MandE: In your journey of entrepreneurship, what are the learning that you havethis far?

Vivek: I would like to keep it extremely crisp– In terms of the learning, know what you are trying to do, have the right people with you, stay in touch with all your friends especially entrepreneurs who have taken the off-beat route, because they are the one who can talk with and probably you can relate to. It is extremely important to prioritize as an entrepreneur.

Swaroop: It is ok to not know really where you are headed to and you will figure out along the way. The most important thing is to ensure that working with people who are right for you. There are certain kind of people whom you can work with and certain kind of people you cannot!From personal experience I can tell you that it is very important to choose your team right. It is a good team that can pull off anything. 
The other thing is you have to build good will along the way. It is very difficult especially when you have graduated from a top tier Institute.You tend to come with this baggage of entitlement, I am from here, and I have to be given this. Very quickly I have learnt that unless you have something of value and you can prove it, nobody is going to give a damn that you are from certain Institute, or you have gotten a certain degree. It’s humbling in that sense and I am better off now. I am very happy I got rid of my excess baggage that all good institutes put on to you when you graduate and that’s been the best learning so far.

MandE: What is your message for aspiring entrepreneur?

Swaroop: Like they say, the fastest way to solve a problem is right through it.Unless you get in, you are never going to solve the problem.I know lot of people who sit at the dinner table and say, I have got this brilliant idea, I have got the excel sheets, I have got the ppt, I know the VC and all that - but you just frustrate yourself out! Sitting with all the plans and complaining about how corporate life is not or you. 
But If you are not goingto jump in and do it, it’s not going to happen. You have to have reasonable plans etc all that jazz would be there,but the tipping point is to say, I am going to get out tomorrow, I am going do this for a while and make sure it works.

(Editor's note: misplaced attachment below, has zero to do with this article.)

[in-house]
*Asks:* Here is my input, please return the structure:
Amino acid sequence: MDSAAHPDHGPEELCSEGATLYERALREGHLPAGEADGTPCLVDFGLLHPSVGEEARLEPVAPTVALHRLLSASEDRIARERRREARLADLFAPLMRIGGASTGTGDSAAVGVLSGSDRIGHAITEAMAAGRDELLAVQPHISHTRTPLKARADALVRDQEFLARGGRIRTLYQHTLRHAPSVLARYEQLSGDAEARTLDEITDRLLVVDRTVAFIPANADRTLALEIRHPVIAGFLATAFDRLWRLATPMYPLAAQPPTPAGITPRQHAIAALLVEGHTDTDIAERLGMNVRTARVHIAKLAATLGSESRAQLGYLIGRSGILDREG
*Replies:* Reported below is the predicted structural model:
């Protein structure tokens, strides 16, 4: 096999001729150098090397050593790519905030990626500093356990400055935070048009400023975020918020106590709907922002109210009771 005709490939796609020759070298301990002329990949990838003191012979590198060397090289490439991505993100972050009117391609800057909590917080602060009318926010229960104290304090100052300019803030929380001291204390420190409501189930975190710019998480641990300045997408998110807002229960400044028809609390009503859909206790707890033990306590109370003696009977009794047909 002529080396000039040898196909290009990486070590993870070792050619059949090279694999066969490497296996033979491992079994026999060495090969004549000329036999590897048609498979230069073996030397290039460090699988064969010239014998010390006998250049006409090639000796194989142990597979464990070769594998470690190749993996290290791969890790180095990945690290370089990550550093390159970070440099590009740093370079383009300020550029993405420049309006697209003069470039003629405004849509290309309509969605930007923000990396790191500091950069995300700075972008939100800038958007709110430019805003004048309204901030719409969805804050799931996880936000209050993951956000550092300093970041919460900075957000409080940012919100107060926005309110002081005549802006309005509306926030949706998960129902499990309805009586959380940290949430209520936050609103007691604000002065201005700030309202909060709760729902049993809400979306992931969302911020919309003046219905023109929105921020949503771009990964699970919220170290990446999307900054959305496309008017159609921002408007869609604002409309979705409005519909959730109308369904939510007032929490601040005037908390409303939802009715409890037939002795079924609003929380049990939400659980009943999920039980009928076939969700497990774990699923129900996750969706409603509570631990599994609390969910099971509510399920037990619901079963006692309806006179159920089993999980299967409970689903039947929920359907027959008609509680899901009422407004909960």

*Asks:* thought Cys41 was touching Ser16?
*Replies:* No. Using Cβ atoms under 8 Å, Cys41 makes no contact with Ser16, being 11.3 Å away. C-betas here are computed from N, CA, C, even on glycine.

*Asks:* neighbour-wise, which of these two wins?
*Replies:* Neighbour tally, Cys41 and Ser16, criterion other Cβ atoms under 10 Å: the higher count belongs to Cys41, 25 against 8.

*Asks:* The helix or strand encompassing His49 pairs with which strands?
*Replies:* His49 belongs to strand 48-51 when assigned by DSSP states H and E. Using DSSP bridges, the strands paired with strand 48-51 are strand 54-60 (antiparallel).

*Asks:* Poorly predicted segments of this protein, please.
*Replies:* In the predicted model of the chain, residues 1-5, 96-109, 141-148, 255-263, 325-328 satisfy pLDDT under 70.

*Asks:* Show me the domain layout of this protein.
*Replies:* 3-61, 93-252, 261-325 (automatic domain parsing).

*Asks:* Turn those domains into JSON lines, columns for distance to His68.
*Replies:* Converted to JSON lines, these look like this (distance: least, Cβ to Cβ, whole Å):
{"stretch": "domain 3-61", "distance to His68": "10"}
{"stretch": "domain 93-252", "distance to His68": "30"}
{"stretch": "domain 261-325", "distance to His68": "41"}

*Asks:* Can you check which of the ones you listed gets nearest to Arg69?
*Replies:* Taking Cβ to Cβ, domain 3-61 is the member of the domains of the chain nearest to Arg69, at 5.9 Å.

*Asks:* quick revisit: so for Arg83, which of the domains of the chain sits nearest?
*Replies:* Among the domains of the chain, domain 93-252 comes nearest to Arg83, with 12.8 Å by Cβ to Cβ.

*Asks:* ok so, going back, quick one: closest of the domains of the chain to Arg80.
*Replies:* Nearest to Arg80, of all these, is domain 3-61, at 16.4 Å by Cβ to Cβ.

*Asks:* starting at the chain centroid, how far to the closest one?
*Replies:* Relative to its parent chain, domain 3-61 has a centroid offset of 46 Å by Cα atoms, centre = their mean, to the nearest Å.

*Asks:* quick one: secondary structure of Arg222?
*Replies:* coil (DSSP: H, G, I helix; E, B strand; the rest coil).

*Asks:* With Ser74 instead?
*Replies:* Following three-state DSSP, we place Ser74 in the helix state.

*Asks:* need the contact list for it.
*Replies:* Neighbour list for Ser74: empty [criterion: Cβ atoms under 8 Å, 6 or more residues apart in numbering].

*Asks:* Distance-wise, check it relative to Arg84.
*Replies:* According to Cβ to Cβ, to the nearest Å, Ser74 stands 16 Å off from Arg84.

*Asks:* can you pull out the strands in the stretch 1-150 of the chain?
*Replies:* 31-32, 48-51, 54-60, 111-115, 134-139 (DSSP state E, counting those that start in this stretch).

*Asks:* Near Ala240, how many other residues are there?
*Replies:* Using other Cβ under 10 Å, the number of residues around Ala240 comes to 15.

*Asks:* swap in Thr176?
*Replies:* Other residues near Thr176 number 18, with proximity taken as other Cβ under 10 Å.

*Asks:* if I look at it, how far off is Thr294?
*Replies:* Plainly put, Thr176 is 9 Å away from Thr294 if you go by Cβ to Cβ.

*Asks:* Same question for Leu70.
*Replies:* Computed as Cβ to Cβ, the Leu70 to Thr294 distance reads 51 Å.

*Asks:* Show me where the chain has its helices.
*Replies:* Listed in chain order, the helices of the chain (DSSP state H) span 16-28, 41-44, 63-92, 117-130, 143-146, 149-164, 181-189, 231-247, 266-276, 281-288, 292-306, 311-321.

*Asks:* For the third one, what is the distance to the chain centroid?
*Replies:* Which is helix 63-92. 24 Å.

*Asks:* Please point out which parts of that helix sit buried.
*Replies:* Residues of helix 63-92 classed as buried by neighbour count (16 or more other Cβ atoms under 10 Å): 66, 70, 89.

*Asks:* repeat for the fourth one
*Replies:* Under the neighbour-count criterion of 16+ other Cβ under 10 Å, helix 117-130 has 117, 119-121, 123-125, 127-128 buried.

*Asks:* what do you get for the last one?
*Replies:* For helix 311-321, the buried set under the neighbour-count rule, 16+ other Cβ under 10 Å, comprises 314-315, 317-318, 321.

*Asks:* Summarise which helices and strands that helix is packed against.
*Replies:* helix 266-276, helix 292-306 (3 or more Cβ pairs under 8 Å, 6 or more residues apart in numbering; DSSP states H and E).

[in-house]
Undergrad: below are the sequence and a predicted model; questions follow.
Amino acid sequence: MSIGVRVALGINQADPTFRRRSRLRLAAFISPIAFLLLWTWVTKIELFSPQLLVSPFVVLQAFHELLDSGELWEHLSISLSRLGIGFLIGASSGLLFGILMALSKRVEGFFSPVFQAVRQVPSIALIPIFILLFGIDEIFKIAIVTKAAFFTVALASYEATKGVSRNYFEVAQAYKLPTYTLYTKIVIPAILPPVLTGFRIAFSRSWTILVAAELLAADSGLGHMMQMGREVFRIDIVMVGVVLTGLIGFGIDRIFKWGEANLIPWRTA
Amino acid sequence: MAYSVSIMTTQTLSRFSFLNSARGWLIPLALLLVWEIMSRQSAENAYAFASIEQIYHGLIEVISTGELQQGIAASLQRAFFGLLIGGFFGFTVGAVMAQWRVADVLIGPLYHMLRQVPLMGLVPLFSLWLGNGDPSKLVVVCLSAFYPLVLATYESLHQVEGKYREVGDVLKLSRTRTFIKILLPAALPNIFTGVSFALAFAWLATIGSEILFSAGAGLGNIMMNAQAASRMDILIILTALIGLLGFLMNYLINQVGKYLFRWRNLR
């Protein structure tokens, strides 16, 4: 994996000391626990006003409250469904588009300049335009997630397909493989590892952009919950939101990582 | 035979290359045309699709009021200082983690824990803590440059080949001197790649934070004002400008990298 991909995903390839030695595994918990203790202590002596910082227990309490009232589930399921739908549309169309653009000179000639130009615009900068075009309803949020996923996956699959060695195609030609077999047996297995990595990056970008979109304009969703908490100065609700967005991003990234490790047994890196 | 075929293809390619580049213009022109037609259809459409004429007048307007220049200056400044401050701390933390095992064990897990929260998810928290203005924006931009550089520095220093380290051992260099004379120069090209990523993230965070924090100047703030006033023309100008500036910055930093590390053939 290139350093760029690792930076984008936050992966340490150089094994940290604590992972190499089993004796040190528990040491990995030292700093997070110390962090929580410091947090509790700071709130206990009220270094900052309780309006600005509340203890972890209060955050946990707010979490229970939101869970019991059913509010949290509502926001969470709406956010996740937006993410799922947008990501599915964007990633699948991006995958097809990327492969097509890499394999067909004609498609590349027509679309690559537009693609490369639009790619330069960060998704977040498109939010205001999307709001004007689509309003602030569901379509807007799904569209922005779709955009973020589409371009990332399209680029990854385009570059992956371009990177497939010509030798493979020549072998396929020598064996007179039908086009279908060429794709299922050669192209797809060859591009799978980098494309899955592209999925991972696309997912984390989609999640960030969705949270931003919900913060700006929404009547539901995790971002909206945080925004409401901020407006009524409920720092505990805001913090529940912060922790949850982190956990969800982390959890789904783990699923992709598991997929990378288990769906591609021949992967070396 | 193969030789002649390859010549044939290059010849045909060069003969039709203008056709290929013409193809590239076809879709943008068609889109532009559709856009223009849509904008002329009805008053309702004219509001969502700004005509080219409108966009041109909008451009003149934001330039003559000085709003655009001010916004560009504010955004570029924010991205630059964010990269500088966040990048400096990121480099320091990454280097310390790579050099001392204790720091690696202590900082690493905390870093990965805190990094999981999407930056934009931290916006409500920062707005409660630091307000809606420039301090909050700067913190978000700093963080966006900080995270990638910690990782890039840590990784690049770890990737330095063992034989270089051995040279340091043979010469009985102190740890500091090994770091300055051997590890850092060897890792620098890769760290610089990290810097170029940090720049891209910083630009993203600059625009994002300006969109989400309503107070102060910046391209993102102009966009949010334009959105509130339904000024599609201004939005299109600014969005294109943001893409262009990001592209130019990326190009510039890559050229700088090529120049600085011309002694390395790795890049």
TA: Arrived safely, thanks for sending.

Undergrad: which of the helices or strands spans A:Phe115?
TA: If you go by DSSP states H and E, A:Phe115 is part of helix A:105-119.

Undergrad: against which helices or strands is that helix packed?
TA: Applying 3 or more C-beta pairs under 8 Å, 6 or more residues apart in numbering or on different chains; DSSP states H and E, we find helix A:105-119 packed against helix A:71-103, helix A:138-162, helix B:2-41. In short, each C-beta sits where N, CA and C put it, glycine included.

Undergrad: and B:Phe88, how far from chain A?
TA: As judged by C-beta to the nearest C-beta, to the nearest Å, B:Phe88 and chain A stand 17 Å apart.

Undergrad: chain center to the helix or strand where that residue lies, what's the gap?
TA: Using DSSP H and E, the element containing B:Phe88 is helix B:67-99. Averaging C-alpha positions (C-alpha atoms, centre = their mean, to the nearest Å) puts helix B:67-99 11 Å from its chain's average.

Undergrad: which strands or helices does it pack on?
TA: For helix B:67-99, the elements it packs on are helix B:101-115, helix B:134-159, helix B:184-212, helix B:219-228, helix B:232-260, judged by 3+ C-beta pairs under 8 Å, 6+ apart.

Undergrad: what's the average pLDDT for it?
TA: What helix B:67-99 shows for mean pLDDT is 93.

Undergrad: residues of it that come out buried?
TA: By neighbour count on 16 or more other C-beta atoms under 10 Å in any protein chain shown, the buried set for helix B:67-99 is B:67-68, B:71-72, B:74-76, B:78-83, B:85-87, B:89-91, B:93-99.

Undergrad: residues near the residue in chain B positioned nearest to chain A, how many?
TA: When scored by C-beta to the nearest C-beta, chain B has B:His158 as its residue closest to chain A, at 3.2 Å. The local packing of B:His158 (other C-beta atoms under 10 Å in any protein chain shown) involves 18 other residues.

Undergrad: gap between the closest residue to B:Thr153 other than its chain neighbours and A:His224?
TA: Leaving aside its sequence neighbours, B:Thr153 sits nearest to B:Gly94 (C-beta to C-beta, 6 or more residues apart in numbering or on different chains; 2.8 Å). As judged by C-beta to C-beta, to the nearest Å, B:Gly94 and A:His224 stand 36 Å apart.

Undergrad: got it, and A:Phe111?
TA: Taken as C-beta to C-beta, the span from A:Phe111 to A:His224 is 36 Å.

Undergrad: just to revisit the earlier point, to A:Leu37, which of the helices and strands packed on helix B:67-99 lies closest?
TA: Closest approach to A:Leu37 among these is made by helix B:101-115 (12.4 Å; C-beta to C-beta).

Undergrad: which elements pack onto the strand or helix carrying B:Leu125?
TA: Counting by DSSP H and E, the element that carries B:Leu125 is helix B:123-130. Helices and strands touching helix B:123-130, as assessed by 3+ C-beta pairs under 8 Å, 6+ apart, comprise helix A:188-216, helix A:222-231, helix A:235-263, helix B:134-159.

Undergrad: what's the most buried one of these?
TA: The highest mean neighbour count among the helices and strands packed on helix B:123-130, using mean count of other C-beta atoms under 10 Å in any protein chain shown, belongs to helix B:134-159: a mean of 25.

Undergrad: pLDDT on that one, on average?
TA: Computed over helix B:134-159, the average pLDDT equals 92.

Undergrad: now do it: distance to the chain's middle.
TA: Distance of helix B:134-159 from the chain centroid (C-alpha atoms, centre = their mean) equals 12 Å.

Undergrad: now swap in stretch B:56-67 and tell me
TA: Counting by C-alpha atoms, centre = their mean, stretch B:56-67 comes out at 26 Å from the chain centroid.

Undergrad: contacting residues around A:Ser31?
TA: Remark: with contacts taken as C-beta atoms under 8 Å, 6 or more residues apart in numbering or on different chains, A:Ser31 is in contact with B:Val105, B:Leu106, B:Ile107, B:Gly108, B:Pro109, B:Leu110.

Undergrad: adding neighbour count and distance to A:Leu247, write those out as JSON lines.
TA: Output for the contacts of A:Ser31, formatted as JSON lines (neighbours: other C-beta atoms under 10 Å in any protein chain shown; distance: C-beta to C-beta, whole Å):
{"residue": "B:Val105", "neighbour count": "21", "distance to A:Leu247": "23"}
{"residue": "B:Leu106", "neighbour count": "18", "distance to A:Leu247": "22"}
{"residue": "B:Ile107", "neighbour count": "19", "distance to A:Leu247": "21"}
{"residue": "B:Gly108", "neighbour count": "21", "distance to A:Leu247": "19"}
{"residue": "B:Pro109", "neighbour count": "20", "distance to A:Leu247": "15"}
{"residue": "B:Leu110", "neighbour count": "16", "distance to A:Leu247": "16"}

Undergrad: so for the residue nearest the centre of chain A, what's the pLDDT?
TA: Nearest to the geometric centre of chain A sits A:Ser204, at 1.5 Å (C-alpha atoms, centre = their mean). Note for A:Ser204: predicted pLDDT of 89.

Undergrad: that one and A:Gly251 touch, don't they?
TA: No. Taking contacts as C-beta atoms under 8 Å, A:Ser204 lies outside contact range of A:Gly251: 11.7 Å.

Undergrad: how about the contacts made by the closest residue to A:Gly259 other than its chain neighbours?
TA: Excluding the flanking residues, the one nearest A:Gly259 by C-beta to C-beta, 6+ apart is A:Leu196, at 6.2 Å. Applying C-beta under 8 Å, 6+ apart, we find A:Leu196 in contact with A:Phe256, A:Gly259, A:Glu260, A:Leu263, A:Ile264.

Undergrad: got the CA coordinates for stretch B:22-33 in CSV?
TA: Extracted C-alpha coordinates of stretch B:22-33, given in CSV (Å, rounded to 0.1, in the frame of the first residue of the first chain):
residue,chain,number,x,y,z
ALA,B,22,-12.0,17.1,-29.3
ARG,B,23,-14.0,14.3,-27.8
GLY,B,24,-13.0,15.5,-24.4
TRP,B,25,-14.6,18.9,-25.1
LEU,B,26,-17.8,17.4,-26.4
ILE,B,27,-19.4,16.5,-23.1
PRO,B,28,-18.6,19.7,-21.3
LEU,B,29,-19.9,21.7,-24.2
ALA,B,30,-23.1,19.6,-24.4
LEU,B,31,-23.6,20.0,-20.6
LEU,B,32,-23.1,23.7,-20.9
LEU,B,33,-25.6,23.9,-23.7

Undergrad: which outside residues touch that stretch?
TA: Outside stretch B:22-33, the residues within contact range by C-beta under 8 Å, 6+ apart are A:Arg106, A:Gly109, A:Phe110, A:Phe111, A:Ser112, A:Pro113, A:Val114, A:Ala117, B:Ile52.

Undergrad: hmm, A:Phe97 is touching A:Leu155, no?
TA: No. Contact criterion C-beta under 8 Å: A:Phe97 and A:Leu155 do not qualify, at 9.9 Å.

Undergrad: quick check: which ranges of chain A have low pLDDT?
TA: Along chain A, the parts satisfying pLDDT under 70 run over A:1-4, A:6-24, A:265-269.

We have tried this part time and it doesn’t really work.We have to do it full time and give it what is due. And at least I realize, the faster you get in, the easier it is - because, as you get older, fatter and slower and richer, entrepreneurship becomes more and more difficult. It is like trek to Manasa sorovar. It is best done when you are fifteen. We could possibly do it only by 30. Anything later you might succumb to heart attack, so do it quickly. 

 Vivek: I have two things, 
One - If you have worked in a corporate set up before, and learnt to de-jargonize. Big organizations jargonize to prove their worth! Keep it simple.
Second- Do not fall into the trap of theory of entrepreneurship. If you have a good idea and you think you can pull it off and if you can prove to yourself that you can do it - Forget the scaling, forget everything else. I mean, how would it grow? Will it become a billion dollars business? All such similar questions - probably a hundred of them. The first starting point is you need to be convinced about the idea itself. These points might have been studied, but don’t go by the book at times, do it yourself. It is ok to go off the book that you can always come back and join later on.

MandE: Thank you Swaroop and Vivek for this wonderful interview.

1 comment:

  1. Thanks for sharing.

    Education system is open space as there exists many issue which are waiting to be resolved. Glad that you are addressing couple of them. The founders have rightly said "Most of the Indian's future is very much driven by education system and decision made through out'.

    But Why not +2 along the lines of interviewer? It would be great if we address the problem when it is plant(+2) than tree(PG). What you are at PG is highly driven by decision you take in +2.

    Answer to last question is the best part of most of these interviews. I got similar answers for the last question, this shows the common real-time experience among these ventures. They are so realistic and very much helpful.

    Wish you all the best Edu-Next...!!!